An increasing number of firms make reference to the pursuit of environmental and social goals in the definition of their purpose. This raises important issues with respect to the way in which the trade-offs between profit maximization and social value are solved. In a recent paper, an edited version of which will appear in a forthcoming volume, I critically review the main theories and the current trends concerning corporate purpose and try to understand the role played by sustainability in this context. I conclude that sustainability can be seen as a game changer, to the extent that not only regulation but also conduct guidelines and ethical standards operate as constraints on the behaviour of enterprises and their pursuit of profits.
As already argued by other scholars (E. Rock), corporate purpose can be analysed from different perspectives with different aims in mind. Lawyers look at corporate purpose mainly to establish for whom the corporation is run and what the duties of directors are. The main legal systems diverge on definitions but not very much on substance, given the limited relevance of corporate purpose in the practice of law. Economists focus on corporate purpose to define the role of firms in a market economy and the incentives—including the pursuit of profit—through which business corporations efficiently serve their productive function. Finance scholars are especially interested in valuation issues and mainly think of corporate purpose in terms of either shareholder value or firm value maximization. Recent works by finance and management scholars argue, however, that the value to maximize is not only shareholder value (or firm value) but also (and, for some, predominantly) social value. Management studies in particular show how corporate purpose and its derivatives (like corporate mission, vision and values) can be resorted to in orienting the corporate organization towards the goals that directors and managers choose to follow in the strategy and activities of their firm. Clearly these goals are not identified exclusively with the pursuit of profit but also extend to social responsibility issues.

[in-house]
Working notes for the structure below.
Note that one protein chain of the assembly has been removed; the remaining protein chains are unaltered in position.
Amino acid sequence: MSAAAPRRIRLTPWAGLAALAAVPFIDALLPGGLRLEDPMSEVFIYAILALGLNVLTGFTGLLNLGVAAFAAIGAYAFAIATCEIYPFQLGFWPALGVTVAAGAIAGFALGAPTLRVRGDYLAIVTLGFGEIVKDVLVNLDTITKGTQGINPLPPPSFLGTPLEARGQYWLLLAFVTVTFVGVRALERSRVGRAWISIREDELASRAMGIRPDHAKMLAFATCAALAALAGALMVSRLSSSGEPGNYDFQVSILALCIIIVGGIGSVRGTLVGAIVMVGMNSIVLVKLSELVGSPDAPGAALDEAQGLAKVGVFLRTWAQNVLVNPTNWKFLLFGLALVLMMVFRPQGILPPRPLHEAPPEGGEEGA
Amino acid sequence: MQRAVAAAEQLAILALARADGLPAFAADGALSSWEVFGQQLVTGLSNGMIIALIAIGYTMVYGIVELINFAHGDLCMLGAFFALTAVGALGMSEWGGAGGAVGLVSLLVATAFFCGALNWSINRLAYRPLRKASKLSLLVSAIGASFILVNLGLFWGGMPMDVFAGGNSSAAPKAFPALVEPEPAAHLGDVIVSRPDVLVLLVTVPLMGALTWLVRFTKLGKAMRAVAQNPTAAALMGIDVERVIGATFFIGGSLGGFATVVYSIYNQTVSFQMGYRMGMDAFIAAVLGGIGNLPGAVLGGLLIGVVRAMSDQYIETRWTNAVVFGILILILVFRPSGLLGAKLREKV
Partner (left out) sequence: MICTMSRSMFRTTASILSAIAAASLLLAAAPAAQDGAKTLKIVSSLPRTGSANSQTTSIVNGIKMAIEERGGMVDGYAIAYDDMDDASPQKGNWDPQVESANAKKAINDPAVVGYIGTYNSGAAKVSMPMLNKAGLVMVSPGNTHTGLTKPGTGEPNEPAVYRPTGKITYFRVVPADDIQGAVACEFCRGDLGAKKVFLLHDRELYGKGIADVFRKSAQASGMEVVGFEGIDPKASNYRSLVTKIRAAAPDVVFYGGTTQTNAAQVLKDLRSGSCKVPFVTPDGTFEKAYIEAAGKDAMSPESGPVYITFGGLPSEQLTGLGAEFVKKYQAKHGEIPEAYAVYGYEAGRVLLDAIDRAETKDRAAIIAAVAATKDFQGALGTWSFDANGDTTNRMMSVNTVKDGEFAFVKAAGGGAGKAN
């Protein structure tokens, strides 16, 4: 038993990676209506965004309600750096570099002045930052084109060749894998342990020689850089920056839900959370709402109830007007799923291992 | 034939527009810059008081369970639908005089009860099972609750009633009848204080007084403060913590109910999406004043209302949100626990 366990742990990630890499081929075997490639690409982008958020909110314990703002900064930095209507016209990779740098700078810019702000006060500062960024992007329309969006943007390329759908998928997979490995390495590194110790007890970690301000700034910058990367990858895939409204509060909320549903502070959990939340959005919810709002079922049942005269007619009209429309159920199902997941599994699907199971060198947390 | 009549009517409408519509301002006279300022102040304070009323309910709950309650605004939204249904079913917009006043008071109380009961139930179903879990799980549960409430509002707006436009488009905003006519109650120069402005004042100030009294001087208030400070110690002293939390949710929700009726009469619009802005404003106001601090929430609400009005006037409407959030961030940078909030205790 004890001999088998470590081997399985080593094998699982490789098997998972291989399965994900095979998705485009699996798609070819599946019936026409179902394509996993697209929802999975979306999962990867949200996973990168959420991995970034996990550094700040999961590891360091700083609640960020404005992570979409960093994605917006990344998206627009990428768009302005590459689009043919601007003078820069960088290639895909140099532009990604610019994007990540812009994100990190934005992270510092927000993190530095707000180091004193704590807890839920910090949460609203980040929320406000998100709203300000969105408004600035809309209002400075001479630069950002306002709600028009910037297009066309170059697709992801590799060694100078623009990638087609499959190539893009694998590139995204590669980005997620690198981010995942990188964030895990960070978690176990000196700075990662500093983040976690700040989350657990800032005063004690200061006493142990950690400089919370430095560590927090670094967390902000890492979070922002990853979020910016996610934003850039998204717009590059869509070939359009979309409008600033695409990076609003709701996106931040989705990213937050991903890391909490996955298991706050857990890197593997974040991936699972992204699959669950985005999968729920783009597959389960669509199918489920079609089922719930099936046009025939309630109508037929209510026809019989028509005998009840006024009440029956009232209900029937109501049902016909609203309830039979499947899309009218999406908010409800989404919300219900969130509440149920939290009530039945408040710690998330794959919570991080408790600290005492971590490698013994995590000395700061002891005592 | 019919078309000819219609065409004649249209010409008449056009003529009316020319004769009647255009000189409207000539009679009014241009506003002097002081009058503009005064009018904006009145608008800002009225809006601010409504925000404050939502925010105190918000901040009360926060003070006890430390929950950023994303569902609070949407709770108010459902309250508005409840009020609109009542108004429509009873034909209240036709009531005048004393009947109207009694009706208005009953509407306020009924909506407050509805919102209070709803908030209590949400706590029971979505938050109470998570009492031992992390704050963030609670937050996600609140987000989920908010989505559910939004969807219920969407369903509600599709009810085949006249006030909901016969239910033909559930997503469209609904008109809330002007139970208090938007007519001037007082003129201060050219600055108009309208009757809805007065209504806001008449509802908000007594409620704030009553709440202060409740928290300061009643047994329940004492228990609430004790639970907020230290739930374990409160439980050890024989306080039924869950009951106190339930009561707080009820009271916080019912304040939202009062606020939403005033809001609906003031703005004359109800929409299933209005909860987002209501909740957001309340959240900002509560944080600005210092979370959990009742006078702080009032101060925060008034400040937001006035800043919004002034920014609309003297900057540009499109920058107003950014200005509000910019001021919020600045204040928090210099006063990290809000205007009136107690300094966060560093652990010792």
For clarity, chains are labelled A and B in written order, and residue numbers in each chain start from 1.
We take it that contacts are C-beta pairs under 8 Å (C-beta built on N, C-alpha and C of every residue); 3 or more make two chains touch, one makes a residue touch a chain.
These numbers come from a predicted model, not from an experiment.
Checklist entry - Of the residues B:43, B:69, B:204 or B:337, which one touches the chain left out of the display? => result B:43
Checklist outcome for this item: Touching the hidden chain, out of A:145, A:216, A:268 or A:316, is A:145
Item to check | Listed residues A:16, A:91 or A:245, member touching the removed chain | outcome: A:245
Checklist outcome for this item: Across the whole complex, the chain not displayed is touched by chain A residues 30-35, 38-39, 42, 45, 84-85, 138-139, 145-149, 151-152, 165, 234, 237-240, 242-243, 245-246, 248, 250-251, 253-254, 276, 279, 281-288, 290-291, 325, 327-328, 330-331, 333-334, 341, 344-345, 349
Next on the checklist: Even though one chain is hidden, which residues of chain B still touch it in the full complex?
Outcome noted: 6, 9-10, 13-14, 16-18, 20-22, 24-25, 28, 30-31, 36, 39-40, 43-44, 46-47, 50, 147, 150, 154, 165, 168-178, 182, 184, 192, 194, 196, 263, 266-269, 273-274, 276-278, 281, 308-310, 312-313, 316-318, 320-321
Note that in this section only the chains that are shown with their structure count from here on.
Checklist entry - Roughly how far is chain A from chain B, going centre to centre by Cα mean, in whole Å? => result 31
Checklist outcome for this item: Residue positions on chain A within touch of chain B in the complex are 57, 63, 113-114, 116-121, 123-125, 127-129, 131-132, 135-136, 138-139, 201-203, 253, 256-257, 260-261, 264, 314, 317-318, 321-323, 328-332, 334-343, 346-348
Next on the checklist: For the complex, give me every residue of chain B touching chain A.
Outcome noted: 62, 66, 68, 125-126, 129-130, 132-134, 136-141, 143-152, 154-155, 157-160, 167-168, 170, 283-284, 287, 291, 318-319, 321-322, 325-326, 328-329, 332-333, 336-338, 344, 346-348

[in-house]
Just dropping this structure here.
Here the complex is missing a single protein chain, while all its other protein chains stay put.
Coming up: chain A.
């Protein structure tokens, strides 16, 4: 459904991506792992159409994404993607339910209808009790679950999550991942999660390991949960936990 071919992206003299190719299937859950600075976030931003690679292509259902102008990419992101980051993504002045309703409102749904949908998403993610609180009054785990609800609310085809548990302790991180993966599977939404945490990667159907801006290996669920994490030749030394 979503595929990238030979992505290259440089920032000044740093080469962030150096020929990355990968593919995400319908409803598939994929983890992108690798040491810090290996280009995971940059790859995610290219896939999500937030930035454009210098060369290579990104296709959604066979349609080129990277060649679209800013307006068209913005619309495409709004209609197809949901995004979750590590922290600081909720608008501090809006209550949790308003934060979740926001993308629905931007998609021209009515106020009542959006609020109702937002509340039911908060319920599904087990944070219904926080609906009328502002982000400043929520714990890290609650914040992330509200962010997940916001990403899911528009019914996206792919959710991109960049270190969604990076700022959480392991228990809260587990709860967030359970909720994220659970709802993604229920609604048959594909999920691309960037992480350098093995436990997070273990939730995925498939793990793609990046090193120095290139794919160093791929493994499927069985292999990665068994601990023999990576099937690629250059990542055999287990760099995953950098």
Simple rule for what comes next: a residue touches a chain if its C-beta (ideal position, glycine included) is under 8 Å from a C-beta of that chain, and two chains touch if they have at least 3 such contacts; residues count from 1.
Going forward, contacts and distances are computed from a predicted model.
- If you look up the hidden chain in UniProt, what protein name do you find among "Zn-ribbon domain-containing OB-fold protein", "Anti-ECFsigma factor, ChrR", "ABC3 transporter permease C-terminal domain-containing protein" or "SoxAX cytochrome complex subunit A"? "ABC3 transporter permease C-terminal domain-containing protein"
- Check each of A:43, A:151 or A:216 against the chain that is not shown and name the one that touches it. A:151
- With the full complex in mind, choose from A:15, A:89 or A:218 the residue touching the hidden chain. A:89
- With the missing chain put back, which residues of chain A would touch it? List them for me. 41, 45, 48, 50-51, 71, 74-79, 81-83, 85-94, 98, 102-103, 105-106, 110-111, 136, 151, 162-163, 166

Amongst existing theories, I express my preference for the enlightened shareholder value (ESV) theory, which requires stakeholder interests to be satisfied subject to shareholder value maximization. After being suggested by economics and finance scholars, ESV is widely adopted in policy discussions and in corporate practice, possibly with variations such as those suggested by the theory of ‘shared value’. However, ESV needs refinement today to take account of some of the criticisms and insights found in recent scholarly works stressing the social values that should be pursued by corporations. Stakeholder protection should not be seen exclusively as instrumental to long-term value maximization—as narrowly suggested by ESV—but also as an outcome of the compliance with legal rules and ethical standards, which apply to different types of firms and aim at controlling externalities that either directly or indirectly derive from their activities. In a rising number of situations firms internalize externalities not only because they find it profitable in the long-run or at least suitable to reduce their risk exposures, but also to comply with the regulatory or ethical standards that protect relevant stakeholders.
The role of regulation in constraining firm value maximization is easily understood. Environmental protection, to make an obvious example, largely depends on government regulation, which is binding on firms and models their actions. Stakeholder protection in similar cases cannot be seen as directly instrumental to firm value maximization, for it is primarily required by regulation to reduce externalities. Many other actions are performed by firms, particularly the large ones, in compliance with ethical standards that are globally recognized in statements and guidelines issued by international organizations and subscribed to by firms for the protection of relevant stakeholders. Prominent examples are found in the UN Global Compact and the OECD Guidelines for Multinational Corporations. These documents are not binding per se, but their principles are often reflected in the applicable national laws and for the rest are followed voluntarily by the corporations concerned, especially when their managers have officially committed to respect the relevant standards. The calculus of instrumentalism is ‘indirect’ in similar cases and the protection of stakeholders simply derives from the compliance with the relevant standards. To the extent that discretion is left to the managers under the individual standard, the managers will also refer to the impact of their actions on the long-term value of the firm. But they may also decide on similar actions on purely moral grounds, filling their discretion in a way that they deem consistent with the content and spirit of the standard to apply.
Guido Ferrarini is Emeritus Professor of Business Law at the University of Genoa, an Academic Member at the EUSFiL and a Fellow and Research Member at the ECGI.